Fox Sports Track & Field '04 is a fun game overall, it's just not a particularly ambitious one.
At this point in the history of video gaming, everything short of Jai Alai has made its way to the digital arena--though track and field events have always been a redheadeded stepchild to the Madden Footballs of the world. Mobile gaming, of course, offers a whole new set of parameters for developers. Can Sorrent's Fox Sports Track & Field '04 bring Olympic-style action to your phone? The answer depends on what you want from a sports title.
Fox Sports Track & Field '04 offers gameplay that challenges your timing by requiring you to hone your reflexes in the 110 meter hurdles, javelin throw, long jump, and hammer throw. As in many track and field games, each event has the same basic concept, so, basically, you must time your moves just right to succeed.
In the hurdles, you control both your runner's jumps and his start. The key lies in timing short jumps that both clear the hurdle and slow you down while in the air. This is in addition to getting a good start off the line, of course. The javelin throw requires you to hold down your D pad to begin your throw, and then you must release it to send the javelin sailing. While holding the button down, your power meter slides from yellow, to green, to red, and then back again. Releasing your shot while it is in the green gives you the best distance. The long jump similarly asks you to send your athlete down the running lane by holding the right arrow. You then jump by holding the up arrow, and you release the up arrow to guide your landing. The hammer throw is an amalgamation of the long jump and javelin events. Timing is the watchword here--straight across the board.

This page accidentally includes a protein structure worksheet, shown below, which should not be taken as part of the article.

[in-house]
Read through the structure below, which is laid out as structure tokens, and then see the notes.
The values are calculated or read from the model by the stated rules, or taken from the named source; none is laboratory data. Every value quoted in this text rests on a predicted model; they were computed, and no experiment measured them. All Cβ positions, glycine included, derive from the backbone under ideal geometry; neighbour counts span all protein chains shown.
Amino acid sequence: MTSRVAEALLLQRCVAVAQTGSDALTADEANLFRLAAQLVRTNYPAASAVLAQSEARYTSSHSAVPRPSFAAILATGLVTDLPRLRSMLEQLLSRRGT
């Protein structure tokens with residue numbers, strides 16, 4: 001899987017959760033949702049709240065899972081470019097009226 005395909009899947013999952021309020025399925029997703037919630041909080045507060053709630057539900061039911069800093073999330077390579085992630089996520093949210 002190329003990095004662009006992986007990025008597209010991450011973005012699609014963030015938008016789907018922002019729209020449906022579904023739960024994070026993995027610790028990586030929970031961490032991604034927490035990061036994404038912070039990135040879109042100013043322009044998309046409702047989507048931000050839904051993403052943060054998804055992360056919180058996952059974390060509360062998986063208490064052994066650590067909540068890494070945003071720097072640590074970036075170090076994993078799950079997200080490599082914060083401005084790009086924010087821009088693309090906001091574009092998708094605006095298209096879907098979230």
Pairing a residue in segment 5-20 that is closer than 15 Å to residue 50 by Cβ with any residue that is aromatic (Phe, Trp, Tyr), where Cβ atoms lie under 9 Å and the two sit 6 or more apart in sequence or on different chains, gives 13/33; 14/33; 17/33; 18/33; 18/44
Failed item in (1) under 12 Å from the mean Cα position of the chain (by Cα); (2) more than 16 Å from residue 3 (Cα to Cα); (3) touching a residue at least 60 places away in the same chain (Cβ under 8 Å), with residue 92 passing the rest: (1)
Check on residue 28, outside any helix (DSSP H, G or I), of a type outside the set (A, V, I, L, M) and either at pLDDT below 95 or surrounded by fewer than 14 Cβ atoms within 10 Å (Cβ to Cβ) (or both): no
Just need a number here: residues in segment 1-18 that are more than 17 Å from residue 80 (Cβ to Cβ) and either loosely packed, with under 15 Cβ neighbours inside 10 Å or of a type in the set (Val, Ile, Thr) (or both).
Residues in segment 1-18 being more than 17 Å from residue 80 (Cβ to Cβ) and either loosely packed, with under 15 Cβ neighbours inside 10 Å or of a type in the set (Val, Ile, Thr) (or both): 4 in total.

To increase the game's depth, Fox Sports Track & Field '04 offers several options. There are two difficulty settings to test your acumen, an online leaderboard, a practice feature, and a pass-the-phone tourney option for head-to-head play. This is a reasonable array of modes and challenges, but even taken as a whole, the game lacks replay value. While mobile gaming tends to aim for an experience that takes up a few minutes, at most, this game's primary problem is that after a minimal investment of time, you may find that you've mastered each event. After a few games, the basic mechanics of the events become easier and easier--almost too easy. Increasing the difficulty seemed to have little effect on the game. In one case (the javelin throw), it made it easier. So, for instance, on the amateur level, there is a single flag used to mark the halfway point on your approach to the throwing line. In the pro version, there are three flags, making it much easier to anticipate when to begin your throw. On the other hand, some challenge can be derived from attempting to beat your own best scores or times. For example, while running the hurdles, a red outline of a runner represents your best time, allowing you to compare your current attempt to it. The throwing and jumping events mark your best attempts. Unfortunately, these options show only the best effort you made during the current session and not your all-time best score.
Fox Sports Track & Field '04 is a fun game overall, it's just not a particularly ambitious one. The graphics are well done, while the sound ranges from the solid (the intro flourish) to the strange (the foul horn, which tends to draw baffled, confused stares from onlookers). The controls are relatively easy, thanks to an onscreen reminder that makes this a very easy game to just pick up and play. However, there simply isn't enough to do for this game to maintain your interest for an extended period of time. If you have enjoyed other track and field games, or if you want something that you can play for a minute here and there, Fox Sports Track & Field '04 will fill your needs nicely. However, if you want a game that you can play for a while, you might find it wearing rather thin.